Compatibility tests

Active testing

Interoperability, coexistence with other systems, compatibility with standards, replaceability

Active testing

What are compatibility tests?

Compatibility Testing (CT), happens when the solution is made available to End Users (EU) under different platforms that may alter the EU’s experience.

CT aims to assess those alterations under several possible configurations such as different: 

  • Browsers,
  • Databases,
  • Operating Systems (OSs),
  • Mobile devices,
  • Networks,
  • Devices,

with different versions and combinations; the classic example used for CT is the browser or mobile compatibility. The delivered solution must be tested against the main platforms and versions. 

To achieve this, there are 2 kind of CT:

  • the Backward Compatibility Testing (BCT): it ensures new releases will still run on older versions of platforms
  • the Forward Compatibility Testing (FCT): it assesses the upcoming versions of platforms will still support the current or new releases of the solution

The platform onto or into which the component is installed may differ in terms of:

  • Hardware - the deployed component may run on different kinds of device such as laptops, mobiles, tablets, and also embedded software, eventually on chips
  • Software - the delivered component may rely on existing software parts such as an OS, a browser, an API with which the component must comply with
  • Network - the many deployed components communicate through some means including hardware, software and protocols with different parameters.
Few platform configurations

The impact of the platform starts from the installation that can be assisted with processes, eventually automated.

Impact on the testing maturity

The installation process is a direct consequence of CT because targeted platforms will influence deployment. Once automated, this installation process should integrate checks that should prevent non supported configurations. This is one of the verification tasks that should be included in a “Continuous Deployment” pipeline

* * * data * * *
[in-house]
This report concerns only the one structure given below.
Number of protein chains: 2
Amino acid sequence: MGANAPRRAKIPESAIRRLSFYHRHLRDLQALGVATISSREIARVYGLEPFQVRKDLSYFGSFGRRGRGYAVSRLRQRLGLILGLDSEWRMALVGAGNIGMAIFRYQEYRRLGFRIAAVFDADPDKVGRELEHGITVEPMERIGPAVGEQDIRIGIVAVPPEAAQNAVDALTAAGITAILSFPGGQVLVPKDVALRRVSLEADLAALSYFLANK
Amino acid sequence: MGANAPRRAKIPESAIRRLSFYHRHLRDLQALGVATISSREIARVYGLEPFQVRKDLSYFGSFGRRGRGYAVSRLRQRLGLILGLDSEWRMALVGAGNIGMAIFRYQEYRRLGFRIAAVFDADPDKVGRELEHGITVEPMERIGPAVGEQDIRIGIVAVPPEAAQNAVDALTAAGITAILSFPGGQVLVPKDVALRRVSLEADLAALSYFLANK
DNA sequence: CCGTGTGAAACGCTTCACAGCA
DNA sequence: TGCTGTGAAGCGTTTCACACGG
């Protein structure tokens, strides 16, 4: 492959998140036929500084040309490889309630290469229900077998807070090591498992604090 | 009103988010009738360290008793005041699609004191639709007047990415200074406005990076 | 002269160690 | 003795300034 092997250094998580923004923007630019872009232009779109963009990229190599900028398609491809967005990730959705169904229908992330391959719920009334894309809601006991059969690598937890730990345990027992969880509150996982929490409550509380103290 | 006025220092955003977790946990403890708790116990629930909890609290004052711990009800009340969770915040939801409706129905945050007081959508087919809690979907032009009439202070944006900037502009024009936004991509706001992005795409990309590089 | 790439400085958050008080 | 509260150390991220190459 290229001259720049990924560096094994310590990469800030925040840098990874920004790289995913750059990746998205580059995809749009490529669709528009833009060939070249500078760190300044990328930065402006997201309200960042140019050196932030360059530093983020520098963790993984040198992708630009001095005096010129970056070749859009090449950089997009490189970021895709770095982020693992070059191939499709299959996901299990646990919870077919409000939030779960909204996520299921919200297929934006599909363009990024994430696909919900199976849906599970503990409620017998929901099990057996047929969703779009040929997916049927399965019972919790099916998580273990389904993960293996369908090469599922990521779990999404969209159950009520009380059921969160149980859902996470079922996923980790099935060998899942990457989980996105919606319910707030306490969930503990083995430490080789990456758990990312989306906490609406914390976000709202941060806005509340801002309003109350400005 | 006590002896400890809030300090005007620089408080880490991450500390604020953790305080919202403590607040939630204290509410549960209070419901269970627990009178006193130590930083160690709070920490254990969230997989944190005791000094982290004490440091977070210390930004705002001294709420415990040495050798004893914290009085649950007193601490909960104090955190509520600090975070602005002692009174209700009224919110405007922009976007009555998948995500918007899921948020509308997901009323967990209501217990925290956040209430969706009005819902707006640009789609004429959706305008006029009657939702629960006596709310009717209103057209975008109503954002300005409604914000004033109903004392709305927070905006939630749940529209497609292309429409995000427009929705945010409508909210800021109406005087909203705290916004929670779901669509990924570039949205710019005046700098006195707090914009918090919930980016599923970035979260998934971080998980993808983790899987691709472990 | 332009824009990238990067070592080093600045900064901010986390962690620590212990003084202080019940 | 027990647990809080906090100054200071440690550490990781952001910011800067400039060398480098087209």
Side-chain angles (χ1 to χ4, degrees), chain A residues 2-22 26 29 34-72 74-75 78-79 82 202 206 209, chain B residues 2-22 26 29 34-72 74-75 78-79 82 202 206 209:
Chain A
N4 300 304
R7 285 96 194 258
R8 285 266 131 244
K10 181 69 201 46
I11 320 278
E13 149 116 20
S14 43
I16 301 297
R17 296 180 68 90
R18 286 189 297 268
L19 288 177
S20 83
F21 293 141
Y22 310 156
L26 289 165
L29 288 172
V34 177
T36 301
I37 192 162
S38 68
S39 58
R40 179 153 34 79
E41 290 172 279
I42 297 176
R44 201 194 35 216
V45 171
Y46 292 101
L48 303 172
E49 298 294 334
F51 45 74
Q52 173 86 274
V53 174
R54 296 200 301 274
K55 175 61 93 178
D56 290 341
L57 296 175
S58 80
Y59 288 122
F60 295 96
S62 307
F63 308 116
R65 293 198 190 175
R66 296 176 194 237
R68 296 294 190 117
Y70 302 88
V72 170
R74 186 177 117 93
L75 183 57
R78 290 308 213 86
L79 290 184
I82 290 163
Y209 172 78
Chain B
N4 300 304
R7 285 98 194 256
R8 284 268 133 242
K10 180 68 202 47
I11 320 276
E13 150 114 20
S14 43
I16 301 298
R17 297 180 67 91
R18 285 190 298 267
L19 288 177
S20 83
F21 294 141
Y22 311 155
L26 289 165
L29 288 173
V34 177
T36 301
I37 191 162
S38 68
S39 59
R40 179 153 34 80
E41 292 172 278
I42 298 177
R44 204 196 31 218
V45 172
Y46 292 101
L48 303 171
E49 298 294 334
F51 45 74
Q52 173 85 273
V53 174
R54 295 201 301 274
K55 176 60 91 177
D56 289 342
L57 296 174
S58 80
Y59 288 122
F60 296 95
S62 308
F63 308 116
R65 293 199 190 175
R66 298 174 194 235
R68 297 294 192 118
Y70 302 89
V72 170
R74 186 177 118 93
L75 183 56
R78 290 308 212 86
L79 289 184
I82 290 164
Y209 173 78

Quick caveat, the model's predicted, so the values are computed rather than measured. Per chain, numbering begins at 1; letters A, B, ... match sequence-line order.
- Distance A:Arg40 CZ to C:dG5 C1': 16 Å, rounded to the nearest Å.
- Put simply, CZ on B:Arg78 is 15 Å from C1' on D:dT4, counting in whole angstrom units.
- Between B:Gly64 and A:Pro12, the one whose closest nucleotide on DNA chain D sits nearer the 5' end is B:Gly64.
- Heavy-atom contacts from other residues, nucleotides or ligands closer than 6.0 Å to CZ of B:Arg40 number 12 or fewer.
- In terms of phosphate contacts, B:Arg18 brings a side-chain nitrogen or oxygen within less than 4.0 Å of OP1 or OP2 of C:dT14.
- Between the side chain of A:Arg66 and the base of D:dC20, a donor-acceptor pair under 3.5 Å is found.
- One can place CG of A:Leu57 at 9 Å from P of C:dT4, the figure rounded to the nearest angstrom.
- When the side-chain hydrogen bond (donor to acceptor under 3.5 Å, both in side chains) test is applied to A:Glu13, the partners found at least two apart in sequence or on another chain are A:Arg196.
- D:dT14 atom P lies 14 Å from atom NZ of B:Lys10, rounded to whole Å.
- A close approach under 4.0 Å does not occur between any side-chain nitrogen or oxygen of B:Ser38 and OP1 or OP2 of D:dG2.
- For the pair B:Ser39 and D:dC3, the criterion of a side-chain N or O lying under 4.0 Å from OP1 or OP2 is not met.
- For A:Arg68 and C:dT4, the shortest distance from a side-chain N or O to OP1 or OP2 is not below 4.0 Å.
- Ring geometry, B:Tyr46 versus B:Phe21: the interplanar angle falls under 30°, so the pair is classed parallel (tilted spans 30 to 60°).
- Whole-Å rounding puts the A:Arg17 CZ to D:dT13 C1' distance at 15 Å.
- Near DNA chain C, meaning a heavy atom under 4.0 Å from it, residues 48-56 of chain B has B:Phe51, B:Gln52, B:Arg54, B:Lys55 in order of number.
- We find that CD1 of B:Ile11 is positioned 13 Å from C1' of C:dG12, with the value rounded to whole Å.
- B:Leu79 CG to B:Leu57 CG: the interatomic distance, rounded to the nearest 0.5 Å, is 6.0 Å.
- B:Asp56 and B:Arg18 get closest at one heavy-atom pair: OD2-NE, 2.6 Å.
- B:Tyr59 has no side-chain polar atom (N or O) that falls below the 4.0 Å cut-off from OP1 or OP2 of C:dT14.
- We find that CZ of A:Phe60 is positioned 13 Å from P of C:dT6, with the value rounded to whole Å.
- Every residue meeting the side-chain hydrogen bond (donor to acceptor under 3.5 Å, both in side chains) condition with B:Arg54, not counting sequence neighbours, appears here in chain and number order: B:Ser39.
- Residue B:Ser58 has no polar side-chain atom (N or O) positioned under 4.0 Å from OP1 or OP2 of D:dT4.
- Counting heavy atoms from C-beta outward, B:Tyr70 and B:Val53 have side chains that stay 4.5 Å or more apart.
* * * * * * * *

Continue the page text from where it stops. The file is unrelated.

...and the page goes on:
In a DevOps environment, the deal is to update targeted environments, installation process, CT and the delivered components at the same time.

CT is a part of a whole process

As a consequence, the whole Team must be familiar with the 4 parts to know how to manager with each part

  • at Environment level, the Team needs to 
    - set the environment up
    - define the many accepted versions of the platform
    - interact with the platform
    - notice its behaviors through the available interfaces 
  • at Installation level, to
    - define and configure the installation process which can be eventually automated
    - test the installation process against the many accepted versions of the platform
  • at CT level, to
    - define the assets to submit to CT and test the delivered product against the accepted versions of the platform
    - limit the possible configuration notably thanks to a Pareto analysis
    - define any automatable CT for both BCT and FCT

Naturally, this enforces the need to empower the whole team on the product quality.

To complete the CT maturity overview, you must also figure out that platforms can derive different levels of CT roughly modeled in 4 levels:

  • Reactive: the environment is discovered at the same time as the engineering of the components to be delivered - this happens when prototypes are created - compatibility issues are met mainly when the product is deployed